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19. Can patients gain access to cannabis or cannabis-derived products for medical use through Right to Try?

The study of cannabis and cannabis-derived compounds in clinical trial settings is needed to assess the safety and effectiveness of these substances for the treatment of any disease or condition. FDA’s December 2016 Guidance for Industry: Botanical Drug Development provides specific recommendations on submitting INDs for botanical drug products, such as those derived from cannabis, in support of future marketing applications for these products. The agency’s July 2020 draft guidance, Cannabis and Cannabis-Derived Compounds: Quality Considerations for Clinical Research Guidance for Industry, highlights quality considerations for anyone wishing to conduct clinical research in this area, particularly those who are less familiar with the FDA.

There is a significant interest in the development of therapies and other consumer products derived from cannabis and its components, including cannabidiol (CBD). FDA recognizes the potential opportunities that cannabis or cannabis-derived compounds may offer and acknowledges the significant interest in these possibilities. However, FDA is aware that some companies are marketing products containing cannabis and cannabis-derived compounds in ways that violate the Federal Food, Drug and Cosmetic Act (FD&C Act) and that may put the health and safety of consumers at risk. The agency is committed to protecting the public health while also taking steps to improve the efficiency of regulatory pathways for the lawful marketing of appropriate cannabis and cannabis-derived products. FDA has a number of resources available that address cannabis and cannabis-derived products, such as CBD, and the agency wants to ensure that consumers and other stakeholders have access to these resources in a centralized location.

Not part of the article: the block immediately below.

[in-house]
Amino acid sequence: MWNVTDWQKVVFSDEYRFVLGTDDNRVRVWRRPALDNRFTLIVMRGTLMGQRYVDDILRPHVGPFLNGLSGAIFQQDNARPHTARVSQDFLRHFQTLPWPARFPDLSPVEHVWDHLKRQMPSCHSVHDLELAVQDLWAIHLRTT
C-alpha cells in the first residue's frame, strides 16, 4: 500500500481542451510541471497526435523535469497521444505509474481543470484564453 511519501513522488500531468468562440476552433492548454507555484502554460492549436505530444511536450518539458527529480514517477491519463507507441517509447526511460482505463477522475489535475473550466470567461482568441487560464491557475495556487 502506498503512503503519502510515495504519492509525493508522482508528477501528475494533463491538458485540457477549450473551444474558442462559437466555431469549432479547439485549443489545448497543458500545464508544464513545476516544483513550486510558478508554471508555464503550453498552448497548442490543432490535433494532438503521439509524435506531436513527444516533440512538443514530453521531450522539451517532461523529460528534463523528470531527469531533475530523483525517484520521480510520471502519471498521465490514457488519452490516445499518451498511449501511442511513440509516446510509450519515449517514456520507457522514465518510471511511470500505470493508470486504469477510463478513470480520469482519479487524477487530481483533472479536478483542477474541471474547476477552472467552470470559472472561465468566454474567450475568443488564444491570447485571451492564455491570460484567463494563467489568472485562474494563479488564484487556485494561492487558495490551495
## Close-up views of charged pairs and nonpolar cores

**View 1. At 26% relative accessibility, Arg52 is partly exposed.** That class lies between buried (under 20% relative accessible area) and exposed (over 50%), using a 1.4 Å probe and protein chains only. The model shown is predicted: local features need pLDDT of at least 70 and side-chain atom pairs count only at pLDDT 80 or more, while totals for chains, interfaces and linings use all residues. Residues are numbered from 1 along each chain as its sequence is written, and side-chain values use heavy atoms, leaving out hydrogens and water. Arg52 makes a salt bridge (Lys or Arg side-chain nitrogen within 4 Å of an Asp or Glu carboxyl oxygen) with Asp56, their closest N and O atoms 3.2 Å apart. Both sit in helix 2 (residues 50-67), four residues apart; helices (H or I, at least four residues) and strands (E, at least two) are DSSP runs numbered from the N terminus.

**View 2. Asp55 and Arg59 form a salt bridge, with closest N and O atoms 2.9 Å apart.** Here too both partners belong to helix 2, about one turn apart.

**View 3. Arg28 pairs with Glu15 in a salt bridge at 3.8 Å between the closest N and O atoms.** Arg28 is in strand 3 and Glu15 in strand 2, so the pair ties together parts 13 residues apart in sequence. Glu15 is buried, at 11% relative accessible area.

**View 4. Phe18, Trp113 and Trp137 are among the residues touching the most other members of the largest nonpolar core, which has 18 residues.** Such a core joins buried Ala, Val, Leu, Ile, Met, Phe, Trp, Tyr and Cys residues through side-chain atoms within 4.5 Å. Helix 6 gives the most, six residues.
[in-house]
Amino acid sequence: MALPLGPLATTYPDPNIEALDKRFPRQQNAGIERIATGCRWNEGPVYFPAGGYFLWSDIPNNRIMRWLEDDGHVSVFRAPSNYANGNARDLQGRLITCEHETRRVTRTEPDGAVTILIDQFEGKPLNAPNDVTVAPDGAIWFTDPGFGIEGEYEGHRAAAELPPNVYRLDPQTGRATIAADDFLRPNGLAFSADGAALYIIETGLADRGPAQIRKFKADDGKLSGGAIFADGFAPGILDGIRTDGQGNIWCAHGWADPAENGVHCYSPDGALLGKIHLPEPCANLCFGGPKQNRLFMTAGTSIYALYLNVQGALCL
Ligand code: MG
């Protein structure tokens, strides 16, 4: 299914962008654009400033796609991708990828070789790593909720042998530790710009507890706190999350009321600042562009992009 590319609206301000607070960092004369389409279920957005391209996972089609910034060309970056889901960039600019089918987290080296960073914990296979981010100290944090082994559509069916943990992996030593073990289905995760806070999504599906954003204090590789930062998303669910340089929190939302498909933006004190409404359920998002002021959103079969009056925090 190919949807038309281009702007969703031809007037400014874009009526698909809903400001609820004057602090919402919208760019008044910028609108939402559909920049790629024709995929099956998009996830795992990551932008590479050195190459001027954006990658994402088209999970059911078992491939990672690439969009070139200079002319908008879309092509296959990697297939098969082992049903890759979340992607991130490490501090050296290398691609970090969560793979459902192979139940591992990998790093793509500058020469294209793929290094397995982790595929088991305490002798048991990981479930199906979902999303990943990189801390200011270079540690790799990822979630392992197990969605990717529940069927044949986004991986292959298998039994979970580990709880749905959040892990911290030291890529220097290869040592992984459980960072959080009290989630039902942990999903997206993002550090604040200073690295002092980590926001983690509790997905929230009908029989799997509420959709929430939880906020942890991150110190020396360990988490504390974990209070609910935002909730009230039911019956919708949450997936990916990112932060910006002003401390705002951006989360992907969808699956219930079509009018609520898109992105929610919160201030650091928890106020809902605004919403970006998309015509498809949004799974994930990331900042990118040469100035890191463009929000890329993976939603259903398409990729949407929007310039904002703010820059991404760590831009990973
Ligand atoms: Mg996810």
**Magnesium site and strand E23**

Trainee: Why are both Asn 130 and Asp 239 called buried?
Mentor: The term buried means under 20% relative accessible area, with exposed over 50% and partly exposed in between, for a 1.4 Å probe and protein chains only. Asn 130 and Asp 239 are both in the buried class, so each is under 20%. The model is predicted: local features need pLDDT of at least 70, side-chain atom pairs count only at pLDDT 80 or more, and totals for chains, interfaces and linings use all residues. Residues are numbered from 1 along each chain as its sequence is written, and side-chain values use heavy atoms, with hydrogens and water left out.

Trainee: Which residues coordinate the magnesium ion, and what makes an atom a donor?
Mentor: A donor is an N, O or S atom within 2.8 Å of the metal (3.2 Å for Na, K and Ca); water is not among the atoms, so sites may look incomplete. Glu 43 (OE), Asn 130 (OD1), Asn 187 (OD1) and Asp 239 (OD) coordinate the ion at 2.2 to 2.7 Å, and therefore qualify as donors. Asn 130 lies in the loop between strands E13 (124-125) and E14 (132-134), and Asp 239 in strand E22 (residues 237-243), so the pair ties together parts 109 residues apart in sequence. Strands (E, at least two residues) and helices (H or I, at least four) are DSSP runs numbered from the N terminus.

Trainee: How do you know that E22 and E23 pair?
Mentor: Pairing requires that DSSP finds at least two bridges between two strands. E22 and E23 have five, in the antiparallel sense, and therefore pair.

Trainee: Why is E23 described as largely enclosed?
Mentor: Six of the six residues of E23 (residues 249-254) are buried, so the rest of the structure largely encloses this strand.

Research and Expanded Access

A. No. The FDA believes that scientifically valid research conducted under an IND application is the best way to determine what patients could benefit from the use of drugs derived from cannabis. The FDA supports the conduct of that research by:

10. Is it legal, in interstate commerce, to sell a food (including any animal food or feed) to which THC or CBD has been added?

Below are a number of frequently asked questions and answers on this topic.

While the agency is aware of reports of pets consuming various forms of cannabis, to date, FDA has not directly received any reports of adverse events associated with animals given cannabis products. However, adverse events from accidental ingestion are well-documented in scientific literature. If you feel your animal has suffered from ingesting cannabis, we encourage you to report the adverse event to the FDA. Please visit Reporting Information about Animal Drugs and Devices to learn more about how to report an adverse event related to an animal drug or for how to report an adverse event or problem with a pet food.

Note that CBD oil is different from hemp oil – which comes from pressing cannabis seeds, and may not contain CBD – and hempseed oil, which is a source of essential fatty acids and contains no CBD. It’s a nutritional supplement, more like fish oil than CBD oil.

Both hemp and marijuana belong to the same species, Cannabis sativa, and the two plants look somewhat similar. However, substantial variation can exist within a species. After all, great Danes and chihuahuas are both dogs, but they have obvious differences.

Brandon McFadden receives funding from U.S. Department of Agriculture.

Retail CBD

Consumers concerned about content and the accuracy of CBD products, which are not regulated by the Food and Drug Administration, can look for certification from independent lab testing or by scanning a QR code on product packaging.

However, medical research on marijuana is severely restricted by federal law.

Trey Malone receives funding from the U.S. Department if Agriculture, the Charles Koch Foundation, and the Michigan Department of Agriculture and Rural Development.

Our recent study found that Americans perceive hemp and CBD to be more like over-the-counter medication and THC to be more like a prescription drug. Still, the average person in the U.S. does not view hemp, CBD, THC or even marijuana in the same light as illicit substances like meth and cocaine – even though both are classified by the DEA as having a lower potential for abuse than marijuana.